Once the cell-based screen was completed, the chemists took over, synthesizing 300 derivative molecules until they found a few compounds that were related to the previous 'best' agonist but that were a thousand times more effective at eliciting a cellular response, affecting cells when applied in the nanomolar range. "Getting more potent compounds was essential if we were to figure out where the agonists were acting" recalls Jefferey Porter who headed the team at Curis, Inc.
Then the cell biologists began again, studying the effects of the agonists on the proliferation of primary neonatal cerebellar granule neuron precursors. They monitored the incorporation of tritiated thymidine into cultured rat neurons (as a marker of DNA synthesis and hence proliferation) and were pleased to see that the agonists were as effective in this assay as the Hh protein itself. An assay using an explant of embryonic neural plate was used to confirm that the agonists could induce dose-dependent gene expression in neural precursors, just as the Shh protein does.
Having established the effects of the agonists in culture assays, the researchers then turned to an in vivo model, feeding the compounds to pregnant mice and following the effects on the phenotypes of embryos lacking Shh or Smo. The treated embryos displayed activated Hh signaling, demonstrating that the compounds were not toxic and could cross the placental barrier. The developmental defects of Shh-/- embryos were rescued by treatment with the agonist but the compound had no effect on Hh signaling in the absence of Smo.
"Once we knew that the agonists were targeting Smo, we wanted to investigate whether they bound to Smo directly and how they activated Hh signaling," says Porter. The cell line that was created for the screen served as a useful tool to test the effects of known antagonists on the function of the agonist. An anti-Hh blocking antibody had no effect, so the agonist must work downstream of the Hh-Ptc interaction. But the agonist was blocked by antagonists that work at the level of Smo or further downstream. "We have similar conclusions," says Beachy, whose group used photo-affinity labeling and cross-linking experiments to show that small-molecule agonists and antagonists bind directly to Smo.
Next, for Frank-Kamenetsky et al., it was time for some careful biochemistry. Analysis of the expression of fusion proteins of Ptc or Smo showed that, unlike the Hh ligand itself, the agonist had no effect on the stability of the Ptc protein. In contrast, both Hh and the agonist could increase the stability of the Smo receptor. Immunoprecipitation experiments with radiolabeled agonist showed that the agonist must bind directly to Smo receptors, and that Hh-signaling inhibitors compete with the agonist for binding. Pharmokinetic analysis provided evidence for a single binding site competition model. Finally, Frank-Kamenetsky et al. exploited an oncogenic, constitutively active mutant form of Smo (Smoact); the agonists bound equally well to mutant and wild-type forms, whereas the antagonist bound less well to the mutant form.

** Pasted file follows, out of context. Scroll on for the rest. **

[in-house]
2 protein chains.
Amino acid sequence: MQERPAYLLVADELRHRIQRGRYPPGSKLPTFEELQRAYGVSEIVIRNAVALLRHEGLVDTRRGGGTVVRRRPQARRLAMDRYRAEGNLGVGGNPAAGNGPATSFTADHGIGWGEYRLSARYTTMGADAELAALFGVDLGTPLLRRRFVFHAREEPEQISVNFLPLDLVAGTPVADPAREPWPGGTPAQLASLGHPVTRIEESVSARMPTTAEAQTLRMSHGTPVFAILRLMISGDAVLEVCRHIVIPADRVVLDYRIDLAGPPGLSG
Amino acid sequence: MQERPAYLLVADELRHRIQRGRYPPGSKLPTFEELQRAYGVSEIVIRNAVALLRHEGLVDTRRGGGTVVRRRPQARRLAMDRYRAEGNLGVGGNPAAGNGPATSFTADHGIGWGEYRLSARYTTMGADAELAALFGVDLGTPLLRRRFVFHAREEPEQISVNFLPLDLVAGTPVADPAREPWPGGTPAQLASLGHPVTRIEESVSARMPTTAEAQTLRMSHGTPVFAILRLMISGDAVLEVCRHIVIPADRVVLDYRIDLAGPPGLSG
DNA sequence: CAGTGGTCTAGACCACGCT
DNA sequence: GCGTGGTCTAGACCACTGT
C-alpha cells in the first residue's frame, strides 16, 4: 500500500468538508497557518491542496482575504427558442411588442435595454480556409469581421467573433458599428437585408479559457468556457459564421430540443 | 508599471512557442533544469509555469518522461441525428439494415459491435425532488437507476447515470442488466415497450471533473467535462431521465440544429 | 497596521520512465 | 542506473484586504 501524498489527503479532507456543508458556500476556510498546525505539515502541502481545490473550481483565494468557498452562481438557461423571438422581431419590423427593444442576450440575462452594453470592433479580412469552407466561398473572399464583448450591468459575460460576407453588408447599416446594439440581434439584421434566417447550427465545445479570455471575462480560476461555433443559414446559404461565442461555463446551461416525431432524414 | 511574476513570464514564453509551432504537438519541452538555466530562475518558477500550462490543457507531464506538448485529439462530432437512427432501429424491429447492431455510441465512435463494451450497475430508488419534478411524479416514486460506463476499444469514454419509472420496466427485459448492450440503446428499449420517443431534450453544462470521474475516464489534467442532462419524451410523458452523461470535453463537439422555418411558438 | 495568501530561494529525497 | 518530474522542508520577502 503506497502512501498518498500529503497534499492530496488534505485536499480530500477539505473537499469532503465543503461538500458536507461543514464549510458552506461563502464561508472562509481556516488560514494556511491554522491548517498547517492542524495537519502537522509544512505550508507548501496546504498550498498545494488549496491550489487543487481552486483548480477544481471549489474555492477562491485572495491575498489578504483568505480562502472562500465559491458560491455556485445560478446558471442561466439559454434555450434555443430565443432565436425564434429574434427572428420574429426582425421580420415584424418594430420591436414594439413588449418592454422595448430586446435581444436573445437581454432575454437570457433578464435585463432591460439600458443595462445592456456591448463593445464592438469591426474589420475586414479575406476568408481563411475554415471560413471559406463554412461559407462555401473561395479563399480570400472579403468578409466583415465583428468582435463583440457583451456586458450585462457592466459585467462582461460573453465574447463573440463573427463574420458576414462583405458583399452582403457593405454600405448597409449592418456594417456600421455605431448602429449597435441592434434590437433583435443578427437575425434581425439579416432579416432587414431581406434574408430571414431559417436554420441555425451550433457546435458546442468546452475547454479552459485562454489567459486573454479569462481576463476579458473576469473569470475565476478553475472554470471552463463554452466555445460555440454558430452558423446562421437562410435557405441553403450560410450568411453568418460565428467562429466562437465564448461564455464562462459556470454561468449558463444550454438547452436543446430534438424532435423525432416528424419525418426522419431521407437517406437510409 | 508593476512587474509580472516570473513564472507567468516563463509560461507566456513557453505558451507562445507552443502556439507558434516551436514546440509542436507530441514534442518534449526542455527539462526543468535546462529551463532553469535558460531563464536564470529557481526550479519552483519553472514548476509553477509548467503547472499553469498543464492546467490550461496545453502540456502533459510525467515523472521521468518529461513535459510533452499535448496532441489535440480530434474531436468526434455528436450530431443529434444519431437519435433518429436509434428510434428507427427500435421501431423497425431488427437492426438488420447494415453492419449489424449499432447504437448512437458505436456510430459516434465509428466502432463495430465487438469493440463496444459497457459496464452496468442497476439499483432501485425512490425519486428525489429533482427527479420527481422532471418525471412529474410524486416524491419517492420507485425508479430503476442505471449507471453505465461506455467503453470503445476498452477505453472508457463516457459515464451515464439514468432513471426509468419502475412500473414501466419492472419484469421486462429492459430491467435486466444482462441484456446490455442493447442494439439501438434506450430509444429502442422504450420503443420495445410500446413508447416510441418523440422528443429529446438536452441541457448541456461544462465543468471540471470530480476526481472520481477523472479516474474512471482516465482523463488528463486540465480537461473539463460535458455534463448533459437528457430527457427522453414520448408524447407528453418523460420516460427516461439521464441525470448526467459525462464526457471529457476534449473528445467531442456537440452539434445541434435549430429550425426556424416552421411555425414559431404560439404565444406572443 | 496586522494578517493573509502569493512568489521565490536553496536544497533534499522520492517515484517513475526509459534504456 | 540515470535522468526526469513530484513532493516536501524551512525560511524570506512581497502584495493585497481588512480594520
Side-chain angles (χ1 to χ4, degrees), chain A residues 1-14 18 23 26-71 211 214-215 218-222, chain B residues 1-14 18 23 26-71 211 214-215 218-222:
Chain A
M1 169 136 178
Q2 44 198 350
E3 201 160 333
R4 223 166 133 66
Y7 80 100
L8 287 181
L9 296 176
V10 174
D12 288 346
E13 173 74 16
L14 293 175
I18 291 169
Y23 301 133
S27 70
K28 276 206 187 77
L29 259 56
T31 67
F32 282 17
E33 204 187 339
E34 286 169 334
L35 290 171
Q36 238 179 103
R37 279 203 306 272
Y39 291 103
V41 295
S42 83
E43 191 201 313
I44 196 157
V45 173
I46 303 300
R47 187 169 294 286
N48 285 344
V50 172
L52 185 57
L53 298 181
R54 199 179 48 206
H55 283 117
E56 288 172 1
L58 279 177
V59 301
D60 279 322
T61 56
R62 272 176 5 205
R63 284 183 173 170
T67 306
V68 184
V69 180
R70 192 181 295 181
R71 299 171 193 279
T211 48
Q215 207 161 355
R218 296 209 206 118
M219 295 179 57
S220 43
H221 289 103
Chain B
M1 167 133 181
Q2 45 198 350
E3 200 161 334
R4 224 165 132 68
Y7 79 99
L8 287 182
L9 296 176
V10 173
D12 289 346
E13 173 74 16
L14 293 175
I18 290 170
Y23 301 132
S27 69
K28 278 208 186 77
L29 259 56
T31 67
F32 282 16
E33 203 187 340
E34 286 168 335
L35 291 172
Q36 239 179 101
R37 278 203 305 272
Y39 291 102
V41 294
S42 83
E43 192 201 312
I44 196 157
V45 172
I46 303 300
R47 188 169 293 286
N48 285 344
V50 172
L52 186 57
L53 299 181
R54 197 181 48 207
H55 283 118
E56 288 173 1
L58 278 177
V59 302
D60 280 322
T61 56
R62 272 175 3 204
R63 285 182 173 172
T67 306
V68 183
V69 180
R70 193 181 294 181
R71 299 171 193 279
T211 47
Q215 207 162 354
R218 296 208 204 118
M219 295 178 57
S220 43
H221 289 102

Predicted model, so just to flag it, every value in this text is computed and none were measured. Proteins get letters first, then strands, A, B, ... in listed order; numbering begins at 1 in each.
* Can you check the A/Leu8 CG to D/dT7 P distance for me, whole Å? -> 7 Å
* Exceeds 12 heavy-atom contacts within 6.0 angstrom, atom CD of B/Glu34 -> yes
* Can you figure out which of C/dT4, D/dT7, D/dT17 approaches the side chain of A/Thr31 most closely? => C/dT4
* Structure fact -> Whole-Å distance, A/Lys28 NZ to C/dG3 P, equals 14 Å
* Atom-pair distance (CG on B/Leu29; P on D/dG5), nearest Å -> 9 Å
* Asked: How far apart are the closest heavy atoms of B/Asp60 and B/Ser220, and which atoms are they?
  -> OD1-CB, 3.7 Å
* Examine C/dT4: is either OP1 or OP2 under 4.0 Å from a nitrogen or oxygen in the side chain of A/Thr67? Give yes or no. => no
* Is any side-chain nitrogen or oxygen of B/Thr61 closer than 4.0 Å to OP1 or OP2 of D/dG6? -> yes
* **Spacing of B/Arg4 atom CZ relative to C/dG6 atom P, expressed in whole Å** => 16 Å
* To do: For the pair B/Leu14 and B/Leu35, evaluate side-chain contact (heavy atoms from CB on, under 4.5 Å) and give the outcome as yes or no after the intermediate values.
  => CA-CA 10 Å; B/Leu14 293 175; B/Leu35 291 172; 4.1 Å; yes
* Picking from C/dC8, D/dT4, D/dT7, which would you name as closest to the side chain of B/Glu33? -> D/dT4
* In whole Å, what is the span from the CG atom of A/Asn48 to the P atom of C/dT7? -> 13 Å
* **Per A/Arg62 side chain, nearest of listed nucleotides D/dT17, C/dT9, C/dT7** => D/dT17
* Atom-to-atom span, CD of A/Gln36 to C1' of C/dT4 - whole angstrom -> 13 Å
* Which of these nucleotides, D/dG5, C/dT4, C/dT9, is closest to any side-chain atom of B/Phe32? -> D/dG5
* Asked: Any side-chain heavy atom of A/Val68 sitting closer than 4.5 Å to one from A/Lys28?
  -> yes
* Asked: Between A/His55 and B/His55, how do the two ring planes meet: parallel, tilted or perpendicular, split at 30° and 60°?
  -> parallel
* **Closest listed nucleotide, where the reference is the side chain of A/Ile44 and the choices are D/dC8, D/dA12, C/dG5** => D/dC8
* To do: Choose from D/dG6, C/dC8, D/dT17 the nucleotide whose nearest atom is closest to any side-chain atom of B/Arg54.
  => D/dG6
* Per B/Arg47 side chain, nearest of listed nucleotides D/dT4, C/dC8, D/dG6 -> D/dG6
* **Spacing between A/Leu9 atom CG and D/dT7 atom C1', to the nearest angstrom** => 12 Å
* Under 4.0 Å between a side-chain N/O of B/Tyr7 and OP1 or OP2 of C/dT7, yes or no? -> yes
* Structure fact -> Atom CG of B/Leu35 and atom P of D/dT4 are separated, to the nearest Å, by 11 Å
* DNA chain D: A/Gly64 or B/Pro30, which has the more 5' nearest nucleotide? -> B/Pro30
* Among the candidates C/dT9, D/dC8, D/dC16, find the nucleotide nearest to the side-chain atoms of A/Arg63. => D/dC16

Frank-Kamenetsky et al. have demonstrated convincingly that high-throughput chemical genetics can be used to isolate modulators of a developmental signaling pathway. The agonists that they have generated are efficient and apparently non-toxic mimics of Hh signals and are promising candidates for drugs for regenerative medicine. The authors work at the biotechnology company Curis Inc. (Cambridge, USA), so finding new drugs is obviously their primary objective. But the agonists also provide useful tools for probing the complex Hh-Ptc-Smo signaling pathway.
"A lot of our biological insight is driven by having specific chemical inhibitors, and many drugs are used as tools to dissect signaling systems as a substitute for genetic studies," says Arnon Rosenthal (Rinat Neuroscience Corp., Palo Alto, USA). Beachy agrees: "these compounds, first the plant-derived inhibitor cyclopamine and more recently the agonists, have really helped us to understand Smoothened function." Recent work from Beachy's lab [9,10], demonstrating that Ptc suppresses Smo in catalytic manner, has led to speculation that Ptc may function as a transporter protein pumping natural small-molecule Smo modulators across the cell membrane. Rosenthal adds that "good basic research always leads to better medicines, since the more we understand about the mechanisms operating in the body, the better able we are to modulate them rationally."
The data presented by Frank-Kamenetsky et al.  led them to propose a new model for Hh signaling based on the classic 'ternary complex model' that was developed to describe ligand-induced conformational changes of G-protein-coupled receptors . According to this model, active and inactive conformations of Smo are selected by the binding of agonists or antagonists at independent sites. Furthermore, the model predicts that Smo binds to a novel effector molecule and it raises the possibility that endogenous ligands, analogous to the newly found agonist, may naturally regulate Smo activity.
Cheryll Tickle (University of Dundee, UK) studies the role of Hh in development and finds the possibility that there are endogenous small-molecule agonists that interact with Smoothened particularly intriguing. "This would mean that we are missing a whole layer of control of Hedgehog signaling in our current models," she notes. Porter adds, "It is tempting to speculate that endogenous molecules act directly on Smo, bypassing Ptc. That is consistent with what we know about how G-protein-coupled receptors work. But at the moment, it's pure speculation."
The study by Frank-Kamenetsky et al. exploits a dazzling variety of experimental techniques to illustrate the path from high-throughput screening to compound characterization. Biochemists, cell biologists, pharmacologists and chemists have come together to demonstrate effectively that 'drug discovery' can combine all the excitement of 'real' scientific discovery with the satisfaction of isolating compounds that might be used for tomorrow's therapies.